Tokugawa Muneharu

. Edo bakufu 江戸幕府 The Edo Government .

Tokugawa Muneharu 徳川宗春
(1696 - 1764)
The Tokugawa Owari Clan 尾張徳川

Muneharu shared a lot with Shogun Yoshimune.
Since he lived with the common people in his youth, he knew about the problems of the poor and tried to improve their lot throughout his life.

. Shogun Tokugawa Yoshimune 徳川吉宗将軍 .
(1684 - 1751)

Yet later Muneharu could not agree with the severe frugality laws and sumptuary edicts of Yoshimune.
In Edo he favored the Yoshiwara courtesan Koshikibu (who later changed her name to Koharu).
In 1731 he became the Daimyo of Owari (Nagoya).
In his quest to improve the life of the people of Owari (Nagoya), he had theaters built in town, held colorful festivals and revived the economy in no time. He is also known for personal luxury, but this was his gesture to show how spending money by the rich would trickle down to the poor in town.
The population of Nagoya grew very fast during his reign.

. Nagoya karakuri ningyoo 名古屋 からくり人形 from Aichi .
The Legacy of the Tamaya Shobei family.

He revived the Festival floats with karakuri ningyo からくり人形 delicate mechanical dolls to an extend that the skilled craftsmen of Nagoya are famous to our day (Nagoya no monozukuri).

Muneharu also encouraged Noh, Kyogen and the tea ceremony.

He paraded in the streets with a huge hat and a long pipe of about 2 meters, riding a white oxen.

- - - - - Look at many details of this figure here:
source : setonovelty.blog65.fc2.com

But whatever worked well for the economy of Nagoya would not be accepted by Yoshimune for the whole of Japan.


- quote
Tokugawa Muneharu 徳川 宗春, November 20, 1696 – November 1, 1764
was a daimyo in Japan during the Edo period. He was the seventh Tokugawa lord of the Owari Domain, and one of the gosanke.

Muneharu was the 20th son of Tokugawa Tsunanari by a concubine, and a great-great-grandson of Tokugawa Ieyasu. During his lifetime, he rose to the junior third rank in the Imperial court, and held the titular office of Gon-Chūnagon (acting middle councilor). He was posthumously awarded the junior second rank and the office of Gon-Dainagon (acting great councilor). Among his brothers were Tokugawa Yoshimichi and Tokugawa Tsugutomo (the fourth and sixth lords of Owari), and Matsudaira Yoshitaka (second lord of the Mino Takasu Domain). A sister, Matsuhime, married Maeda Yoshinori, lord of the Kaga Domain, which was the richest domain in Japan outside the Tokugawa's own holdings. Muneharu did not marry, but had numerous concubines. His fourth daughter married the kampaku Konoe Uchisaki.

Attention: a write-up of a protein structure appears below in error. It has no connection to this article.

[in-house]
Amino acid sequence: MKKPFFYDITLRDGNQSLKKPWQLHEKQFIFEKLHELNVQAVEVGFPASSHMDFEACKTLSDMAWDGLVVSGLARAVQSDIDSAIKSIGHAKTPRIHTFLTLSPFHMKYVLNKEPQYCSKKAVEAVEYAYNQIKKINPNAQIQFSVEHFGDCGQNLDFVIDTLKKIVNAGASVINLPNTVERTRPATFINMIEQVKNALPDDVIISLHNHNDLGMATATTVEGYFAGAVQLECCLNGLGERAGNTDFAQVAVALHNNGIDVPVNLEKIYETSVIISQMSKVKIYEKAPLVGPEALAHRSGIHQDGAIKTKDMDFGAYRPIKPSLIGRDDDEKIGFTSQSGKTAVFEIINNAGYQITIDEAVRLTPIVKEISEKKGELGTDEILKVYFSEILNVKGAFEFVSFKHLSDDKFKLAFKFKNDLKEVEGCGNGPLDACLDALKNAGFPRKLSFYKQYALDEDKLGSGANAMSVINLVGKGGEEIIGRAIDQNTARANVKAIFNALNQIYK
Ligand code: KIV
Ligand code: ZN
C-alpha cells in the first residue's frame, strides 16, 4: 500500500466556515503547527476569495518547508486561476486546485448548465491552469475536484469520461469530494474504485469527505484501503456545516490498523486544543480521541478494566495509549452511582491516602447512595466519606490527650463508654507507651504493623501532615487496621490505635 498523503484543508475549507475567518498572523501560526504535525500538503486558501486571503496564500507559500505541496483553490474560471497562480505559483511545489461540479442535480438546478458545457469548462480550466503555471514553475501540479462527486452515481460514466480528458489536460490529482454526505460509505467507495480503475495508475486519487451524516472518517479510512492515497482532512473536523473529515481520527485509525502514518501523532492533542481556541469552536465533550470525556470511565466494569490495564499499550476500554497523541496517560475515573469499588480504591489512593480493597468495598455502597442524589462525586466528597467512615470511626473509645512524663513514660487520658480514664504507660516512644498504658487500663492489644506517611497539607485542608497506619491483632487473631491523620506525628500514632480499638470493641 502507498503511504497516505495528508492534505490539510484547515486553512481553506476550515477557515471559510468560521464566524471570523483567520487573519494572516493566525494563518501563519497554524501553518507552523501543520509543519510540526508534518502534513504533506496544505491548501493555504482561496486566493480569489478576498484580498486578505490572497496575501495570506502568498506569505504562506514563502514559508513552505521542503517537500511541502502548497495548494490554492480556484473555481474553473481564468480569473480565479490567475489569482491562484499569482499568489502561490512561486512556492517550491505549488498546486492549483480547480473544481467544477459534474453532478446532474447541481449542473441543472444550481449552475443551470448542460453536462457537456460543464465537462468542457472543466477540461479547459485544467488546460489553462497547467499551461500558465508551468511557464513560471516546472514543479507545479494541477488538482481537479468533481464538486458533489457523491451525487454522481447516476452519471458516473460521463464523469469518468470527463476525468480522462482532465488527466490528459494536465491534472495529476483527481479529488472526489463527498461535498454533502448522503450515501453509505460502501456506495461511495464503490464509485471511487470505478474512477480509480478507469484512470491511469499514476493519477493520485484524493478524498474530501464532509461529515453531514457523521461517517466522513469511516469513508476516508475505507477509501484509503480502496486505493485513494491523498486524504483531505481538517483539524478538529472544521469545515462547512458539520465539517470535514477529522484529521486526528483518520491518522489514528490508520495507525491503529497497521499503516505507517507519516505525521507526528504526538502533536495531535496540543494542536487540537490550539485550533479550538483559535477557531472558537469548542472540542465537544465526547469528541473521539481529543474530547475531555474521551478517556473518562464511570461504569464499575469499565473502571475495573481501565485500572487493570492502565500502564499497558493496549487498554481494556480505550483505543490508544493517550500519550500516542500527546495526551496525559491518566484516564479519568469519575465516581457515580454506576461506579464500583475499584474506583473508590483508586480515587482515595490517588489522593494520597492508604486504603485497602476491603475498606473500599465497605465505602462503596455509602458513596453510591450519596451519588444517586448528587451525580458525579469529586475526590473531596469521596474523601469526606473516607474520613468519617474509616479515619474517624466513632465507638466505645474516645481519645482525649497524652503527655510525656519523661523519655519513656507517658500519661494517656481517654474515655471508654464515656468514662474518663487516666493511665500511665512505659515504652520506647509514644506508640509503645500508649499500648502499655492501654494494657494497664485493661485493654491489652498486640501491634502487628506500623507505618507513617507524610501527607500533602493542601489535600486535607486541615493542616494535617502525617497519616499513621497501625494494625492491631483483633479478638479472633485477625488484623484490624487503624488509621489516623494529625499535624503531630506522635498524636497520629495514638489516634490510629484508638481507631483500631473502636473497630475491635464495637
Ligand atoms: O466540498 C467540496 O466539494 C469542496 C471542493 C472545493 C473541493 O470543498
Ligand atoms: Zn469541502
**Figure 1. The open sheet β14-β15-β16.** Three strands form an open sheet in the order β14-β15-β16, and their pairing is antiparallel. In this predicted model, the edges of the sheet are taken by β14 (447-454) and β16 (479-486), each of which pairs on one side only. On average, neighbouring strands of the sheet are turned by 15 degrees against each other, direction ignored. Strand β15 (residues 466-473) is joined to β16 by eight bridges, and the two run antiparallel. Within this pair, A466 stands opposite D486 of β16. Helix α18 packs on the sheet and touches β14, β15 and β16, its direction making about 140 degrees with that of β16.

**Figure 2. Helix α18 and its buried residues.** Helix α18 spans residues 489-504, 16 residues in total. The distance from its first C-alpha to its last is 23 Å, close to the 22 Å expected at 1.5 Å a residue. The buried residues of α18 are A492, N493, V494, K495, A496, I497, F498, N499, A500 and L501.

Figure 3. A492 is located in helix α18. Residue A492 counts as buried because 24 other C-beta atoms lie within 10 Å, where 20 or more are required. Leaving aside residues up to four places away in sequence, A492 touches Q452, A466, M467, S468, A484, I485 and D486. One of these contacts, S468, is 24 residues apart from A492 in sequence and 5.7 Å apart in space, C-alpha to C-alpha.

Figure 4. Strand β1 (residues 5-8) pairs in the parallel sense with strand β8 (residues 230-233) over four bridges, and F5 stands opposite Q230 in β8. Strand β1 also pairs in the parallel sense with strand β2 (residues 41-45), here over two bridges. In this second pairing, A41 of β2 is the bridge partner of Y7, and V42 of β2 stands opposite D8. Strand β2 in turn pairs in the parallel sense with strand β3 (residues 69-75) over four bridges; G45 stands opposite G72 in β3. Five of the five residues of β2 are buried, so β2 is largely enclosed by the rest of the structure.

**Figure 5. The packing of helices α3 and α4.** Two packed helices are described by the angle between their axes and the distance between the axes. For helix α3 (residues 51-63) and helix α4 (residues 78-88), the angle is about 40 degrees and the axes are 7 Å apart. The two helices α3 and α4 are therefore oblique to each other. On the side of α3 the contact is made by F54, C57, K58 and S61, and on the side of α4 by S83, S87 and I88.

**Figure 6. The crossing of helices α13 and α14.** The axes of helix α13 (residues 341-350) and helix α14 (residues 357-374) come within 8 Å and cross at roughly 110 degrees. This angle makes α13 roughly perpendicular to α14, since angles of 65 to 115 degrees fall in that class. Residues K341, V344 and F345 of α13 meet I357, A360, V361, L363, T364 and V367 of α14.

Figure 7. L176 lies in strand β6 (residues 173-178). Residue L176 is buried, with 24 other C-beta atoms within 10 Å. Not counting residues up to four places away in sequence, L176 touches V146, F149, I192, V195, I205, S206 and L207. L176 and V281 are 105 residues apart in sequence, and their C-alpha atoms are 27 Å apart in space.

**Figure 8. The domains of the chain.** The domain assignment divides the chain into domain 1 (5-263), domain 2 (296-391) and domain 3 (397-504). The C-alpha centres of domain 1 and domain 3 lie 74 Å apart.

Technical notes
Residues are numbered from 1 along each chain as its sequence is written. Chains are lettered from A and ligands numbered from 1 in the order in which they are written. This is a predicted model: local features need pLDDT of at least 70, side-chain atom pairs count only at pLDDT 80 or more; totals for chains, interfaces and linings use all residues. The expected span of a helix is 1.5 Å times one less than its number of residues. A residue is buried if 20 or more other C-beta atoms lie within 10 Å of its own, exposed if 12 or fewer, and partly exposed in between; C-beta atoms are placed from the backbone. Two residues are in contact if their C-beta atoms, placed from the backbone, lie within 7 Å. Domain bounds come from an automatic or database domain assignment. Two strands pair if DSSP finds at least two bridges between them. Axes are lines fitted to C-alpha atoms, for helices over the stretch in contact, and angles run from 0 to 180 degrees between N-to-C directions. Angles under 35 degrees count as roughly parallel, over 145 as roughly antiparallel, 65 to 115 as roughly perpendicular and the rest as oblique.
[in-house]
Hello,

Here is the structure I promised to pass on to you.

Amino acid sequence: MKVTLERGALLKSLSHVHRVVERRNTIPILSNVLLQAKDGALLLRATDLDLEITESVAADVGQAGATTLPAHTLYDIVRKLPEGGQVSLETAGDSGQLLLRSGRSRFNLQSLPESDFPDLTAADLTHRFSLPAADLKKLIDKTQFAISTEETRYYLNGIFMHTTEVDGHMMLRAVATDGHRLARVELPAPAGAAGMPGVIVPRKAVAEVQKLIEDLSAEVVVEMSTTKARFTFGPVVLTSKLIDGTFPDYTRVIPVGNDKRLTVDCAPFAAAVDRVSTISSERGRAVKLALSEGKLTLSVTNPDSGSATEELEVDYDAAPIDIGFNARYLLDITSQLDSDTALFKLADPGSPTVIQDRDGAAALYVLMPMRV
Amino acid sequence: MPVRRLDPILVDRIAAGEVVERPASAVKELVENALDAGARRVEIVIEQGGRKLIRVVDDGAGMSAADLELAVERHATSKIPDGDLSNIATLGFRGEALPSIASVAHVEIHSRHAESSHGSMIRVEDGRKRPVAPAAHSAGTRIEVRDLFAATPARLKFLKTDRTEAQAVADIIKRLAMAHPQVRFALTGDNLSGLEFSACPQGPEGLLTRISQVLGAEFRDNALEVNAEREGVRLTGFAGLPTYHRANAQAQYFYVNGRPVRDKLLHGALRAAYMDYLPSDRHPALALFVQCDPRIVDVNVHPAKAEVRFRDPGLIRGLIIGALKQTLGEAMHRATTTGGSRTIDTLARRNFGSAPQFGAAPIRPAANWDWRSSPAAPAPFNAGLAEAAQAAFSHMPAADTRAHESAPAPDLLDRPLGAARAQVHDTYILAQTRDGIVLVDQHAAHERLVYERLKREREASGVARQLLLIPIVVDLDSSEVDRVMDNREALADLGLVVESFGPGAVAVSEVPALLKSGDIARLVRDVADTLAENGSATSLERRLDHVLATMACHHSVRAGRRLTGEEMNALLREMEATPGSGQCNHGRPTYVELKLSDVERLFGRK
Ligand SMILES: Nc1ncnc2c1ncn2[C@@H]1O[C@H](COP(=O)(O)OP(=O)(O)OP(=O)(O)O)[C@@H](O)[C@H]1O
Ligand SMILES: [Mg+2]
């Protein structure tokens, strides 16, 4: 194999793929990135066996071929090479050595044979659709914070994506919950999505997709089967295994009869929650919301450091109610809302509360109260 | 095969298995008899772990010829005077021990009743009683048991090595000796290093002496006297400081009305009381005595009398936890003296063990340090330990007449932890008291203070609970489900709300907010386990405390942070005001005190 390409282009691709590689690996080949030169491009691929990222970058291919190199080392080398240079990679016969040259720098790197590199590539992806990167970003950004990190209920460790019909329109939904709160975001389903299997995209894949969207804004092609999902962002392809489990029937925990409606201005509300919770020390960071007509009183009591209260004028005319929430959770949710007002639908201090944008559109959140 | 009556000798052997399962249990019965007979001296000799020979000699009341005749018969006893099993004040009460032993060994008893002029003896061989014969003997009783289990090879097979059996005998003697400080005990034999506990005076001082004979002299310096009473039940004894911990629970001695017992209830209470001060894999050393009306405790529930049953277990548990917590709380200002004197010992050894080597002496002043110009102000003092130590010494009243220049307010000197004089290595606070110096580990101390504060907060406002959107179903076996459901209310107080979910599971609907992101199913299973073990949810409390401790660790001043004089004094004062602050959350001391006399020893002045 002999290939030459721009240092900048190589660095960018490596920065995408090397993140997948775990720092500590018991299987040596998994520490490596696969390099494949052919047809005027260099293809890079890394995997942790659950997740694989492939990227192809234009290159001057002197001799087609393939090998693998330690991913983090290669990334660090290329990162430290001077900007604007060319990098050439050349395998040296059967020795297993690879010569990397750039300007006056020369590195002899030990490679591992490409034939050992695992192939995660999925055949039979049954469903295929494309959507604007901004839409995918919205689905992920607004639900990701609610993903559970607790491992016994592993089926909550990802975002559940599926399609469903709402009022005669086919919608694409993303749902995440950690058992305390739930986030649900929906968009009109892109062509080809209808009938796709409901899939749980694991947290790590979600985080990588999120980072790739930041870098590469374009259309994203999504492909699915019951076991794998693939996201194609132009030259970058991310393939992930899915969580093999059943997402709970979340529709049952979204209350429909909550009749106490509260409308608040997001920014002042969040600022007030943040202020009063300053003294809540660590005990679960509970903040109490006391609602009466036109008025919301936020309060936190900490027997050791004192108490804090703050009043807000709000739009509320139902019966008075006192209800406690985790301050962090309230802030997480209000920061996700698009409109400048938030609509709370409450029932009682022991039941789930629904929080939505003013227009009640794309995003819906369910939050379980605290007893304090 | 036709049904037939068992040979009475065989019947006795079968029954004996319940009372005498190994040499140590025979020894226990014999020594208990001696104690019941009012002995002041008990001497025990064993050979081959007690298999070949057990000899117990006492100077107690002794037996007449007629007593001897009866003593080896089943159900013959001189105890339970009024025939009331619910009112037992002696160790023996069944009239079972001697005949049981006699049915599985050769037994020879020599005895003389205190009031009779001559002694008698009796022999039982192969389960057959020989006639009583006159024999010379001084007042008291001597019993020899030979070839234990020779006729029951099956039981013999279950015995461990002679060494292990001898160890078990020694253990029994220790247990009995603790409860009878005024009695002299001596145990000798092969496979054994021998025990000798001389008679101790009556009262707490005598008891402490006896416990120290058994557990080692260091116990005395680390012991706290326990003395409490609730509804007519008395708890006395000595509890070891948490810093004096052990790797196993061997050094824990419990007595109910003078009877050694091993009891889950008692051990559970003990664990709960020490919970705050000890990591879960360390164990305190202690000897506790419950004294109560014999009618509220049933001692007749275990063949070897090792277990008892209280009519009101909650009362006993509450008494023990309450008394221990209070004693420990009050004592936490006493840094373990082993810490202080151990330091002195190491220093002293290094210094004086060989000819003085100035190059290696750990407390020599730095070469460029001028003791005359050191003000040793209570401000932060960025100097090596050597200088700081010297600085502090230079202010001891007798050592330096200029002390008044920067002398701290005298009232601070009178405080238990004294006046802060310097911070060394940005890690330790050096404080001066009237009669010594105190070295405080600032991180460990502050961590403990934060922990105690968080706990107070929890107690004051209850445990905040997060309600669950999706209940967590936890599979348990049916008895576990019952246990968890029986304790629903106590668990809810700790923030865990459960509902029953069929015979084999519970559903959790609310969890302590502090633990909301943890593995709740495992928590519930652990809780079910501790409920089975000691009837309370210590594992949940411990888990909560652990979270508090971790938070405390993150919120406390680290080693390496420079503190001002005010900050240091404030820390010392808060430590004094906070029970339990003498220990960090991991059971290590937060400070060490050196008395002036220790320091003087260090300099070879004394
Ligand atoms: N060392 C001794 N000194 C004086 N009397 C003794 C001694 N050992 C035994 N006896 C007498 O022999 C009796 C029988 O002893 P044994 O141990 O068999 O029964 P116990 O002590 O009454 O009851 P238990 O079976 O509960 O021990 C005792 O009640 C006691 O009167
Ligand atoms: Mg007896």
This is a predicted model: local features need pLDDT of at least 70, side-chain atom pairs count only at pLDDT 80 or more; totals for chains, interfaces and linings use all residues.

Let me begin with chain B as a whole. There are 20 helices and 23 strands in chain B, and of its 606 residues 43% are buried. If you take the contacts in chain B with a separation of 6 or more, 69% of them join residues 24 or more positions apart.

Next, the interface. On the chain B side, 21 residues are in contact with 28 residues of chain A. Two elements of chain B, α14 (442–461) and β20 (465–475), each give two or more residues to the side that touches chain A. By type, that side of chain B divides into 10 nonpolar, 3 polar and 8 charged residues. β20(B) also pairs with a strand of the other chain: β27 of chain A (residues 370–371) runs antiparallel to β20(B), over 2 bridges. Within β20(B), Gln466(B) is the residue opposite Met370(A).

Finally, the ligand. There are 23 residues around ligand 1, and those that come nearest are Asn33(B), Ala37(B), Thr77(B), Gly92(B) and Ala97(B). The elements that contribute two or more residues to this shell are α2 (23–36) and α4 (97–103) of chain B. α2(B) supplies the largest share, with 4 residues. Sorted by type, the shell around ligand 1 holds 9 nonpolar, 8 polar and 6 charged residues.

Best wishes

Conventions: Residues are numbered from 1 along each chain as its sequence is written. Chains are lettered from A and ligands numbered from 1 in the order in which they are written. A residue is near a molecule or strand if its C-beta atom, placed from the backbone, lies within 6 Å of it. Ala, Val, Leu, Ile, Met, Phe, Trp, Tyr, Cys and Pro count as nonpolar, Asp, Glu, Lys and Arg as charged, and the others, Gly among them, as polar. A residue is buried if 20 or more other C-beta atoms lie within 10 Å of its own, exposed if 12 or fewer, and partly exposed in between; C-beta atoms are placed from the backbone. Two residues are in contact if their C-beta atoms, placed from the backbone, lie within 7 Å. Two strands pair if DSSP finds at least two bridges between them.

- - - - - Loss of power
Given to personal luxury, in 1731, Muneharu published a book, Onchiseiyō (温知政要), which criticized ruling shogun Tokugawa Yoshimune for his policy of excessive frugality.
In 1739, following a long dispute with Yoshimune, Muneharu was forced into retirement and confined within the grounds of Nagoya Castle. A relative succeeded him as lord of Owari, taking the name Tokugawa Munekatsu. After the death of Yoshimune, Muneharu moved outside the palace grounds. He died in 1764, but was not forgiven, and a metal net was placed over his grave to indicate his status. When a later shogun installed his own son as lord of Owari, 75 years after the death of Muneharu, he had the net removed as a gesture of pardon.
- source : wikipedia

Onchiseiyō (OnchiSeiyo, Onchi Seiyo) 温知政要 - published 1731



- reference : waseda.ac.jp/kotenseki -


徳川宗春 江戸を超えた先見力
Tokugawa Muneharu : Edo o koeta senkenryoku.


. kenyaku 倹約 frugality, thrift - Sparsamkeit .
. Buke shohatto 武家諸法度 Laws for the Samurai .
12 Samurai throughout the realm are to practice frugality.

「増税派の吉宗」Yoshimune for more taxes
「減税派の宗春」Muneharu for less taxes

source : blog.goo.ne.jp/masakasa_2007


CLICK for more photos !

- quote -
"The theme of this karakuri is created on the image of Tokugawa Muneharu, the 7th Lord of the Owari Clan.
Tokugawa Muneharu was a multi-talented lord of strong individuality.
He wandered the streets of Nagoya wearing showy clothes, surprising people with his unique appearance. He also promoted local commerce and arts. By so doing, he greatly contributed to the economic and cultural development of Nagoya."
- source : kikuko-nagoya.com/html/karakuri-dokei-

徳川宗春 - 徳川美術館 Tokugawa Bijustukan Nagoya

- quote -
a private art museum, located on the former Ōzone Shimoyashiki compound in Nagoya, central Japan. Its collection contains more than 12,000 items, including swords, armor, Noh costumes and masks, lacquer furniture, Chinese and Japanese ceramics, calligraphy, and paintings from the Chinese Song and Yuan dynasties (960-1368).
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. Edo bakufu 江戸幕府 The Edo Government .

. Famous Places and Powerspots of Edo 江戸の名所 .

. Doing Business in Edo - 商売 - Introduction .

. shokunin 職人 craftsman, craftsmen, artisan, Handwerker .

. senryu, senryū 川柳 Senryu poems in Edo .

. Japanese Architecture - Interior Design - The Japanese Home .

. Legends and Tales from Japan 伝説 - Introduction .

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